As I navigated through the job search process, I witnessed many colleagues worried and concerned with questions like “What if I don’t get an interview?”, “How do I show them I’m qualified?”, “What if they don’t like me?”, and so on. Instead, I asked myself what the search was doing for me based on what I was looking for in an institution. While searching for a job, it is a worthy investment for you to understand what matters to you throughout this process.
There are plenty of jobs you would like to have. However, I’ve noticed two kinds: jobs with advancement and jobs that are simply a job. If you see a position where you don’t believe there is growth potential, do not waste your time applying. You’ve got goals and dreams just like everyone else and it’s important to make sure you are part of a community where that can be realized.
When considering a job, one of the things I research about the institution is whether or not I could possibly earn a doctorate, second master’s, or some sort of certificate. In higher education, we are always learning, both inside and outside of the classroom. Ensure that your academic and professional endeavors are not too distanced from each other. If you can build a career and earn another degree at an institution, take advantage of it!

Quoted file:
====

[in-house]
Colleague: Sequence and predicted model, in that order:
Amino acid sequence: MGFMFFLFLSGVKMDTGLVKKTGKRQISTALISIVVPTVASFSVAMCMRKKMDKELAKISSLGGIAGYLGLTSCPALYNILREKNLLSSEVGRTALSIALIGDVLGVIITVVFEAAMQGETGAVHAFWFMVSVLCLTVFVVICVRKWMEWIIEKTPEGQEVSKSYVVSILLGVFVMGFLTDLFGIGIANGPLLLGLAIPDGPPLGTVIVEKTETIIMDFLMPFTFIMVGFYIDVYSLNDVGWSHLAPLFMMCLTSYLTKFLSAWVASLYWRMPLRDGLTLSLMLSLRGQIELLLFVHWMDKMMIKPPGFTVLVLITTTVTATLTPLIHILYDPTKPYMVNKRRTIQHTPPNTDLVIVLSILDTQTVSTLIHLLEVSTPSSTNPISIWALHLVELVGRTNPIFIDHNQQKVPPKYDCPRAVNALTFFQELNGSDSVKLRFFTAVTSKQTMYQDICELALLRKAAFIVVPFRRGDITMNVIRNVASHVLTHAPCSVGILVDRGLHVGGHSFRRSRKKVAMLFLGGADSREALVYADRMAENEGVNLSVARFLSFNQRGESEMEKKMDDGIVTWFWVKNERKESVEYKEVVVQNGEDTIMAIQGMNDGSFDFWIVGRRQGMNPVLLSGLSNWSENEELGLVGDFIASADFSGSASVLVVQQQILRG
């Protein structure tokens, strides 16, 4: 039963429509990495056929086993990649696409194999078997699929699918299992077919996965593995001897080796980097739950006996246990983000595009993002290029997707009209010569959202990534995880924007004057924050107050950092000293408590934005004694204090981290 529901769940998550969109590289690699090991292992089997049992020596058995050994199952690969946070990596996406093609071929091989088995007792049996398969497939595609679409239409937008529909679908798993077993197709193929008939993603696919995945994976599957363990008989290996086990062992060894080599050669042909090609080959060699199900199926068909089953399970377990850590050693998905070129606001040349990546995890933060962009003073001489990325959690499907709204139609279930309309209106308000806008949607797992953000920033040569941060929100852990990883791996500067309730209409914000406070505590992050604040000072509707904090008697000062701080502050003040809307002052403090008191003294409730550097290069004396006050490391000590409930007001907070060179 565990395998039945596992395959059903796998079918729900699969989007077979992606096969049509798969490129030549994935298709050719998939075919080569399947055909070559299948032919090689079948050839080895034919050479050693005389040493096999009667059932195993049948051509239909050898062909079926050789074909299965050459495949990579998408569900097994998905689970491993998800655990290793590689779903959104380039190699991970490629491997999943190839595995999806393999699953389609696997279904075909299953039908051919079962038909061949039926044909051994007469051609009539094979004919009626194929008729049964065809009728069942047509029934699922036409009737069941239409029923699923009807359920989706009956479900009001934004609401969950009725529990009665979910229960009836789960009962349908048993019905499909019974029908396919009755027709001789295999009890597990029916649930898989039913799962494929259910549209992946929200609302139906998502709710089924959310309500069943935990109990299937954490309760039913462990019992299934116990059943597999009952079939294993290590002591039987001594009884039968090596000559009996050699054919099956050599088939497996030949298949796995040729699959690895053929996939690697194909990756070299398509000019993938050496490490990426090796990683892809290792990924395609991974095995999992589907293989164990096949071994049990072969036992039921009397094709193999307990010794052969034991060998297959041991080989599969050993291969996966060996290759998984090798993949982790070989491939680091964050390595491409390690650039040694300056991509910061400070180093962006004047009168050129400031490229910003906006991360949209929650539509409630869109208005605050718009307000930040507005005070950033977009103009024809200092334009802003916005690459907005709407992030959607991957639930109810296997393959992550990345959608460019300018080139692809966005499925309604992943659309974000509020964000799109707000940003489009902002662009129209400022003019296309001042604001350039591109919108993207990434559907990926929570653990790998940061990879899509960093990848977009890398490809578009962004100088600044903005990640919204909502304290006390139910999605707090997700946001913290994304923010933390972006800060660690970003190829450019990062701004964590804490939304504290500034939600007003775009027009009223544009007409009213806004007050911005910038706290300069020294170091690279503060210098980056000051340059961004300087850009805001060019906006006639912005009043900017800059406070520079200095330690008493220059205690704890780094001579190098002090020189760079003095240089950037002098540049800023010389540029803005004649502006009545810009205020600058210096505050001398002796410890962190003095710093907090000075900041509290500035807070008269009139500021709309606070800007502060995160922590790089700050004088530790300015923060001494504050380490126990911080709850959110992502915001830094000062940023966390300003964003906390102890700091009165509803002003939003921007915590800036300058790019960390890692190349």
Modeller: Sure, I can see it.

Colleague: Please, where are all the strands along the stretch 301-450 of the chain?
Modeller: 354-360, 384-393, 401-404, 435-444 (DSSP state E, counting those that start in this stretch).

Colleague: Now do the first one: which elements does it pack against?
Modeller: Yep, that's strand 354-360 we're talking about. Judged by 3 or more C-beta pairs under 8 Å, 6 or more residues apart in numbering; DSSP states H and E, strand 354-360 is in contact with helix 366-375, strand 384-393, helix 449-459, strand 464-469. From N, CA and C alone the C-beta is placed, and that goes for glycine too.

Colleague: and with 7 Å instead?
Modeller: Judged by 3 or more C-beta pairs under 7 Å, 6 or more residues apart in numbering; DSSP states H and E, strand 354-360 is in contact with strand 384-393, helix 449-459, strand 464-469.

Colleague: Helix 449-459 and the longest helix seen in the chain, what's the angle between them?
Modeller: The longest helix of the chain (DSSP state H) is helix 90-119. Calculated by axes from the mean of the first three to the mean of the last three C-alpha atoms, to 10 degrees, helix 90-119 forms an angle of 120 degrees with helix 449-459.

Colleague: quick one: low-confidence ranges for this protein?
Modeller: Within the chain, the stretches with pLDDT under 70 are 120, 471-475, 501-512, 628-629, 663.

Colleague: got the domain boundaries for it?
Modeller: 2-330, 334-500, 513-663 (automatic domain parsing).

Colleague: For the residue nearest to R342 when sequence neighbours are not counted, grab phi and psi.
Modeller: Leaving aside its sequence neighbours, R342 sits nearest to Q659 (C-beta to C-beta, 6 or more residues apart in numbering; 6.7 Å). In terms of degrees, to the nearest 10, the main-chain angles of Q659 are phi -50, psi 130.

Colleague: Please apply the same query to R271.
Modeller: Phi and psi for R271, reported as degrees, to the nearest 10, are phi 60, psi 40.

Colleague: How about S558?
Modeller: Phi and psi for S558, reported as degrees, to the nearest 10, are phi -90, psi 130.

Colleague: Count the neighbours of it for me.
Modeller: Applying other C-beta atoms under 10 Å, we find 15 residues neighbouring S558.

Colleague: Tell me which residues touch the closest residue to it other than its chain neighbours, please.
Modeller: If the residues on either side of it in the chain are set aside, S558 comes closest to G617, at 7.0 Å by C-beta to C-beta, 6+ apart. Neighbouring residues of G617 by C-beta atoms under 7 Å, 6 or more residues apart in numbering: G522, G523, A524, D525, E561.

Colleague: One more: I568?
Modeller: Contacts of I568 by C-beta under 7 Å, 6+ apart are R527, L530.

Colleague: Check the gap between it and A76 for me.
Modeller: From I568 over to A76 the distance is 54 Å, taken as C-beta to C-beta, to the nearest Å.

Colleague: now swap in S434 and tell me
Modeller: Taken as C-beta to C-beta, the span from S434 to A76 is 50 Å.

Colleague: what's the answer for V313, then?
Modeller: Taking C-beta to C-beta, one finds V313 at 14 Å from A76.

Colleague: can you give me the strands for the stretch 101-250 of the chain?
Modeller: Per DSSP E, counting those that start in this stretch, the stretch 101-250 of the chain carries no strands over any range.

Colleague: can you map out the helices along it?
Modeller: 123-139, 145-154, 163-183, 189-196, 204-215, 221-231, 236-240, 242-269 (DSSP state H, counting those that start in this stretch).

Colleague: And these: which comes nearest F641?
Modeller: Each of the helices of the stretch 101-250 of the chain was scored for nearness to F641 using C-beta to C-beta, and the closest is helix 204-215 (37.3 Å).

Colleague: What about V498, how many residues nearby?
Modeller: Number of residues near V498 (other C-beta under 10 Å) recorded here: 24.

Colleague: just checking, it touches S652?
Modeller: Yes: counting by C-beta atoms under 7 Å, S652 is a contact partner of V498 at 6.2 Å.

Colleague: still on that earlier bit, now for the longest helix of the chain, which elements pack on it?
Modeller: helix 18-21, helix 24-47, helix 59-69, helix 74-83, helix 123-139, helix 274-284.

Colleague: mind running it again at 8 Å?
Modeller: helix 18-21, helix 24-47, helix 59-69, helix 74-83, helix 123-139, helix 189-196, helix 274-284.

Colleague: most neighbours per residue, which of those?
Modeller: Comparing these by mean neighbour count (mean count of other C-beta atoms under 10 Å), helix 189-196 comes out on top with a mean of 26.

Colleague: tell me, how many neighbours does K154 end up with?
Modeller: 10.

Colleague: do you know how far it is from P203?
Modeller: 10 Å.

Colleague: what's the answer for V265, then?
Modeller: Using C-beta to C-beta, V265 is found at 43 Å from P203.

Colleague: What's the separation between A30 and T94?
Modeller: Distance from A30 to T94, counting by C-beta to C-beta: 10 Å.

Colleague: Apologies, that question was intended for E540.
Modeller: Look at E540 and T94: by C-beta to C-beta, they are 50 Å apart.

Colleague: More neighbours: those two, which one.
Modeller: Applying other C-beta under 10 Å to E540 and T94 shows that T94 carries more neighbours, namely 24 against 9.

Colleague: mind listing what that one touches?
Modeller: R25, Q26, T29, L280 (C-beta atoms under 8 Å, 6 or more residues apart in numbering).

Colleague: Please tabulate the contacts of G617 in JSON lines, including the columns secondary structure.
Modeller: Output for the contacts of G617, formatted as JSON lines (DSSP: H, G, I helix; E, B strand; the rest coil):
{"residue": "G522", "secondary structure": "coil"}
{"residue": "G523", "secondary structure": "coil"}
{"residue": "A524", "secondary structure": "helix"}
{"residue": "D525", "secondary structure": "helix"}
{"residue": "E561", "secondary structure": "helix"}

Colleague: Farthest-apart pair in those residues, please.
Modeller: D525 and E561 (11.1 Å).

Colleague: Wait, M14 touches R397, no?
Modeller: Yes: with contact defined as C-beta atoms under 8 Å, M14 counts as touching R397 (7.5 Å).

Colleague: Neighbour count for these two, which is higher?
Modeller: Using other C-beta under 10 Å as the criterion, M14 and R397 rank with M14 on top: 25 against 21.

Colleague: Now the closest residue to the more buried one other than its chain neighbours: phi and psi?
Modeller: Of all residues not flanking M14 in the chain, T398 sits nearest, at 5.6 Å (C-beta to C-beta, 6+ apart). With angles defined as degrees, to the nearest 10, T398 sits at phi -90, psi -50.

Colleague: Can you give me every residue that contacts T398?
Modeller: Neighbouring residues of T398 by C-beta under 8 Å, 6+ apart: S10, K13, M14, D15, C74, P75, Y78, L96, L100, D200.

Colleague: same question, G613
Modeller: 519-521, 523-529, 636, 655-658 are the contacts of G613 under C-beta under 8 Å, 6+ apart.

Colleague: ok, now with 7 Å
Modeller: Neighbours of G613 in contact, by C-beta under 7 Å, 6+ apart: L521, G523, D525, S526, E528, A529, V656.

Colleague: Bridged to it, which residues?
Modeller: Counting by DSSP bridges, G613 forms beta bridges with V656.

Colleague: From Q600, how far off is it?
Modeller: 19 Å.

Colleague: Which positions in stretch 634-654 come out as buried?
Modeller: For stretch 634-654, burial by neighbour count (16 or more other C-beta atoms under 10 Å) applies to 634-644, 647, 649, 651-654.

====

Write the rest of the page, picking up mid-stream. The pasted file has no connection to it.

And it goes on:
Realize that there will be institutions that feel you are not the best candidate; they may not find a connection with you. However, before even getting to that level, take the time to ask yourself “Why do I like them?”, “Do their values align with mine?”, “Are they the ideal institution for me?” Regardless of name, reputation, location, make sure the proper amount of time is taken to consider the “why” of your actions. When you apply for a position, make sure you fully understand why you’re applying for it. Is it because you truly believe it’s the ideal institution and position for you? Or are you just applying to see what happens and are you okay with that?
Everyone knows job search season is approaching, people are looking for jobs, and this is all part of the process. I understand looking for a new job can be stressful and challenging. I choose to be positive and develop a different perspective. My perspective is that I need to accept the institution before I give them the option to accept me in return. To anyone taking the time to read this, you have something to offer, you have a contribution to give, and you can make a difference. Make this job search enjoyable for yourself. It would be a shame to get the job of your dreams at the institution of your nightmares.
University of Vermont